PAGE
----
Giving Animals Names Changes Everything
In 2016, a cow escaped from a slaughterhouse in Queens, raising journalistic concerns beyond which “mad cow” pun to run with. Some of the news headlines referred to the bovine fugitive as “the cow WHO escaped,” while others said “the cow THAT escaped,” with some stories even switching between the two phrases. It was madness.
If you’re not a word nerd, you might not understand the big deal, but newspapers actually began noting in their style guides when an animal should be referred to as a “who” or a “that” — right alongside the important stuff, like several-page theses on em dashes and Oxford commas. The New York Times style manual suggested using “who” to refer to an animal only when it’s “named or personified,” but that helped precisely nobody. The cow didn’t have a name when it escaped, because it’s a lot easier to kill “that brown spotty one” than “Bessy Katsopolis,” but it earned a name when an animal sanctuary later adopted it.
Until Freddie earned that name, he was no different from a rock or a pencil, as far as The Times was concerned. Then his Freddification occurred, and every copy editor in the Manhattan area had an emotional breakdown.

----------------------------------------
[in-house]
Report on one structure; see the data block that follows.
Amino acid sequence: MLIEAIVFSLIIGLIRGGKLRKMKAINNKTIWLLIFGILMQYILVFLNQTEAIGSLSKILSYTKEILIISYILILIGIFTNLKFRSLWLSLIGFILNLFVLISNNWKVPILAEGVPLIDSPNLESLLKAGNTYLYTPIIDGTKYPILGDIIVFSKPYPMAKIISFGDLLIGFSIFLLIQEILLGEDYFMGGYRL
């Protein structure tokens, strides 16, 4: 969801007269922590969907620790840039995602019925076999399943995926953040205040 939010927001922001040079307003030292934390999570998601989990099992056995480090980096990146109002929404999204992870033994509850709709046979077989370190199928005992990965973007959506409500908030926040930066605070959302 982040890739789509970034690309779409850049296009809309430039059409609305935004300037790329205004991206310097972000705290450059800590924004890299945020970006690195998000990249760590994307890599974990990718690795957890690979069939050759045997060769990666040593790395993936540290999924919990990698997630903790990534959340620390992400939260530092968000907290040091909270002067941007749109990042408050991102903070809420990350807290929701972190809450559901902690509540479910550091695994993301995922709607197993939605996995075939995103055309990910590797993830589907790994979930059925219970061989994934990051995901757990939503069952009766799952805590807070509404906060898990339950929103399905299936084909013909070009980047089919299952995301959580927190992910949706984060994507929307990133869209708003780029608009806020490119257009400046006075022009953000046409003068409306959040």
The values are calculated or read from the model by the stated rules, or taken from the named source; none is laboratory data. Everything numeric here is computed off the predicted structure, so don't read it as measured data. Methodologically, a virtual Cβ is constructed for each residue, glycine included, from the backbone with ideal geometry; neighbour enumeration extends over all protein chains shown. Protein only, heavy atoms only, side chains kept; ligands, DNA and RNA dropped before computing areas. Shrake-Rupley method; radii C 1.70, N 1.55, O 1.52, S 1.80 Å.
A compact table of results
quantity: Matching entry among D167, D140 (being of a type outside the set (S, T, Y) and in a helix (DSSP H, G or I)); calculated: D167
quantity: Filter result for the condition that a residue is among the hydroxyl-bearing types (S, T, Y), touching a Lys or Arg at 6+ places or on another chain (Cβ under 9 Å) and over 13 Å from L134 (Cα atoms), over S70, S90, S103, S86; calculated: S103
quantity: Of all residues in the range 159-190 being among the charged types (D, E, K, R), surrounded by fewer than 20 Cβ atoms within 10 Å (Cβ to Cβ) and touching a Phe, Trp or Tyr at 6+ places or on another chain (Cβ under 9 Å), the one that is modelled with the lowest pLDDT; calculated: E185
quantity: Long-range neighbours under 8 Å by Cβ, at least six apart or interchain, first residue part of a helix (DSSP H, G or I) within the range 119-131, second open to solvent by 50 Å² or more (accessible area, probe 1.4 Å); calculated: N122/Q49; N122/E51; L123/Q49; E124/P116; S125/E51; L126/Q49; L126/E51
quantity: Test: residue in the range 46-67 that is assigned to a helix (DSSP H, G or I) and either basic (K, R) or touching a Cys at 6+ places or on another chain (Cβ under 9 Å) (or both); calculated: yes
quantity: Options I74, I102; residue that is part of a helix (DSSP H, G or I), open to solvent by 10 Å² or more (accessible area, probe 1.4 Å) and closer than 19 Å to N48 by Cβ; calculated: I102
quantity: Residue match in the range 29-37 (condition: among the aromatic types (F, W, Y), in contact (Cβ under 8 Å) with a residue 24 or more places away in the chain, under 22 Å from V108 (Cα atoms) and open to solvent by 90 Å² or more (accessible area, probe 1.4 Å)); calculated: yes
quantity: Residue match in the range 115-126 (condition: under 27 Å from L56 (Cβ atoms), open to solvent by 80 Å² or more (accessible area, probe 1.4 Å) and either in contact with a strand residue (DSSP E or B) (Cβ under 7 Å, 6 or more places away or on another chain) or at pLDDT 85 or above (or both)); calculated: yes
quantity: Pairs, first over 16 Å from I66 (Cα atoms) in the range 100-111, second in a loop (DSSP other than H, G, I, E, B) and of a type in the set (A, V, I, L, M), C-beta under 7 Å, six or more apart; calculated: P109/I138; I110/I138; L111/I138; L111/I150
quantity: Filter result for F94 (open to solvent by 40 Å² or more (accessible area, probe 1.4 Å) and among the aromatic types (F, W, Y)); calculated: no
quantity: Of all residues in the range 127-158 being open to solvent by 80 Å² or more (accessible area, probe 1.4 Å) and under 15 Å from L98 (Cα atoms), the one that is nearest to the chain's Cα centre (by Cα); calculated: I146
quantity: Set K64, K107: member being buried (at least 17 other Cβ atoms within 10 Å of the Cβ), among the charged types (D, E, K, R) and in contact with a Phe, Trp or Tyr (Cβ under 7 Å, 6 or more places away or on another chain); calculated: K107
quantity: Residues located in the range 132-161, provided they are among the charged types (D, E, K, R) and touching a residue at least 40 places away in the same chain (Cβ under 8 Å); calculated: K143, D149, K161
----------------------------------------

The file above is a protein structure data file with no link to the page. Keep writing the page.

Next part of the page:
Dogs and chimps are more often “who”s, because they’re our special babies and uncomfortable close cousins, respectively. Meanwhile, livestock animals tend to be “that”s, because thinking about the rich inner life of your dinner is no fun. In a way, every time you open your mouth to talk about an animal, you’re making a judgment about its “humanity.” Animal rights activists have begun arguing for a shift toward the universal usage of “who,” in an attempt to remind us that even the less YouTube-able animals are still living beings.
Or we could start eating chimps. You know, even the playing field.
Mike Bedard has an English degree from UCLA, and he put it to good use for this article, baby! Follow him on Twitter so he feels even better about himself. Dan Hopper is an editor for Cracked, previously for CollegeHumor and BestWeekEver.tv. He fires off consistent A-minus tweets at @DanHopp.
Some sort of huge word nerd wrote a book on language, and you can read it!
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